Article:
The Workforce Investment Act is the program with the biggest budget for training (approximately $7 billion per year). The Workforce Investment Act was passed in 1998. Its objective was to give new skills to current and future employees. The Department of Labor funnels the money for training through workforce investment boards in each state. In looking at their website and the budgets shown on the Federal Register, it appears that most of the money is for youth activities, adult activities, dislocated workers, employment services, workforce information grants, and work opportunity tax credits.

Great Examples

There is a very good success story in the metals industry. The National Institute for Metalworking Skills (NIMS) has launched a new competency-based apprenticeship system for the nation’s metalworking industry. The NIMS system represents a dramatic departure from the time-based system and integrates the NIMS national standards and skill certifications in defining and measuring required competencies. NIMS sets skills standards for the industry, certifies individual skills against the standards and accredits training programs that meet NIMS quality requirements.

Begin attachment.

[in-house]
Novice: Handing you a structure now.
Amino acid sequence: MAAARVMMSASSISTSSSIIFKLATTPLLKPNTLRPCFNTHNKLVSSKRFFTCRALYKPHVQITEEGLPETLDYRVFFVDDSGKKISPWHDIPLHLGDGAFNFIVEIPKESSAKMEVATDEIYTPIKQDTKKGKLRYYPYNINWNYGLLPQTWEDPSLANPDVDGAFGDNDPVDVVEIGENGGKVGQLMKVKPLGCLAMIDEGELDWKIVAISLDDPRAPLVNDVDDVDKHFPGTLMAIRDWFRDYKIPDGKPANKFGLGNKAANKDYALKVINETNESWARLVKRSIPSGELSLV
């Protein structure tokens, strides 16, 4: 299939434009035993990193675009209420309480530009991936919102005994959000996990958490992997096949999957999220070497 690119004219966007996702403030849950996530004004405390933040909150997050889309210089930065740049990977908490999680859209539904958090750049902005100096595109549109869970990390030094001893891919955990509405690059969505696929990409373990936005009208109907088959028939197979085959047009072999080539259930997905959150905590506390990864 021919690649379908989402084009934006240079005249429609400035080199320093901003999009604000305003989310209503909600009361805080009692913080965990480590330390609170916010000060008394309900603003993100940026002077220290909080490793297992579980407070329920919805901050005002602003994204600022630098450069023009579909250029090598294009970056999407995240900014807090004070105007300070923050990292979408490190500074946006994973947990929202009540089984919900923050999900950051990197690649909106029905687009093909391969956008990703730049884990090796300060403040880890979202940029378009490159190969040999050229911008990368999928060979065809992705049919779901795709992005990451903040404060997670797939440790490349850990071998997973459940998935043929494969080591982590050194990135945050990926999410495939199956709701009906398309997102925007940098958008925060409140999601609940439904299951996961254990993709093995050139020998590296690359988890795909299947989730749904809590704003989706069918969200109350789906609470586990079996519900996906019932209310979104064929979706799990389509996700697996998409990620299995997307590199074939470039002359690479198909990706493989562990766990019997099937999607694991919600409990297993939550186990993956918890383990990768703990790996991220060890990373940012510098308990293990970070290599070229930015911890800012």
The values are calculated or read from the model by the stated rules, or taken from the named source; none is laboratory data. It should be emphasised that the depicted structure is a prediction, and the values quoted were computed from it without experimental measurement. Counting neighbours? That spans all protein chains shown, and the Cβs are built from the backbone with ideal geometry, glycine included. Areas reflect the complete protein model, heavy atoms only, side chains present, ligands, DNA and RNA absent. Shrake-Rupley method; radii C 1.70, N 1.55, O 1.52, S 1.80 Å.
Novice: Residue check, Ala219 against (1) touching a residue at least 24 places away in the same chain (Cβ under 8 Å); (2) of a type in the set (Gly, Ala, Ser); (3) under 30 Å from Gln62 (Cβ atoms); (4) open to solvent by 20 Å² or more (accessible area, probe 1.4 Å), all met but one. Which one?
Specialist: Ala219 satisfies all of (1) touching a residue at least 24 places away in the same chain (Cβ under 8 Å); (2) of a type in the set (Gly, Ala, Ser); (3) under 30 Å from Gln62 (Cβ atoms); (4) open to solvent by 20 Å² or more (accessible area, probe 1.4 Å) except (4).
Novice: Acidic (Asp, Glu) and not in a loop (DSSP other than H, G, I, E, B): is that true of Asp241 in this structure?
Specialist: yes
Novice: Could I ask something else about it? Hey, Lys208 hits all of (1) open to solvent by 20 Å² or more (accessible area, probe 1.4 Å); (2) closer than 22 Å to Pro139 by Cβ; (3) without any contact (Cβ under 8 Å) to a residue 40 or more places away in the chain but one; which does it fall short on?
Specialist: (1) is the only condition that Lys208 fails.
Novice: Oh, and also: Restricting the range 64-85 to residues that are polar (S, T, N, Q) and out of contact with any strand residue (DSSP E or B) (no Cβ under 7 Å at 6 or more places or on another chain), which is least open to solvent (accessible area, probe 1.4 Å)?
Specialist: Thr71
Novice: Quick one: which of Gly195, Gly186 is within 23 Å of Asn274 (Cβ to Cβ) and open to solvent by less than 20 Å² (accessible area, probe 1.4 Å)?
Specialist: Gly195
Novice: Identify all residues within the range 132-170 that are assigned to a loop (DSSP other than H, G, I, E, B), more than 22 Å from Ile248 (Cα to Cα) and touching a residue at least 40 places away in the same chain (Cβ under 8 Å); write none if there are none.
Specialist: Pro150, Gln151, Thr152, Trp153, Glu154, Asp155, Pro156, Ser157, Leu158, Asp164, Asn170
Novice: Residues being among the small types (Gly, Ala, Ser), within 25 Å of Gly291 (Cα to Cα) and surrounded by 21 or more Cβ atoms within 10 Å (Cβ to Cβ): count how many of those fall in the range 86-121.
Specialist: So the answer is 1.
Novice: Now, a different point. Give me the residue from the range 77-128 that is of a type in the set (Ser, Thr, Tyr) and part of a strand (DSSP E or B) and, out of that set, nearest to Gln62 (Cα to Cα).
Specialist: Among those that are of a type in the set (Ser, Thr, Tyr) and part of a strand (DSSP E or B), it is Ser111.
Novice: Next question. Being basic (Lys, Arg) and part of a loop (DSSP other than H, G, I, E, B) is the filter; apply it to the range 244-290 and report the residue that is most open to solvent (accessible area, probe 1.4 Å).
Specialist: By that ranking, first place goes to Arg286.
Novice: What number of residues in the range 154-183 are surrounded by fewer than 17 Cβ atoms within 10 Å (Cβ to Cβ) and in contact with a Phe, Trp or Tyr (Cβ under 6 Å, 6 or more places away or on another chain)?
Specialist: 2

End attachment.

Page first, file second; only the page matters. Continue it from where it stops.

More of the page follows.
Their machinist apprenticeship program includes 28 core competencies. To be certified the apprentice needs to earn 12 NIMS credentials. There are programs for machinists, toolmakers, CNC setup programmers, and maintenance. Because most jobs in manufacturing are very technical and the shortage of these workers is already upon us, we need more programs like NIMS in other industries.
A terrific example of what a large manufacturer can do if they really want to close the skills gap is what Siemens Energy and Automation has been doing in the U.S. to nurture a skilled workforce. Their training commitment is from the top down.

If manufacturers really want to interest the best and brightest students in manufacturing jobs, they are going to have to change their image and convince young people that it is better to enter a training program where you are paid to learn. They will have to convince these kids that a trade is a good career path that pays as well as other apprentice programs.

Manufacturing must answer the question: Do we want higher skills or lower labor costs?

Mike Collins is the author of Saving American Manufacturing.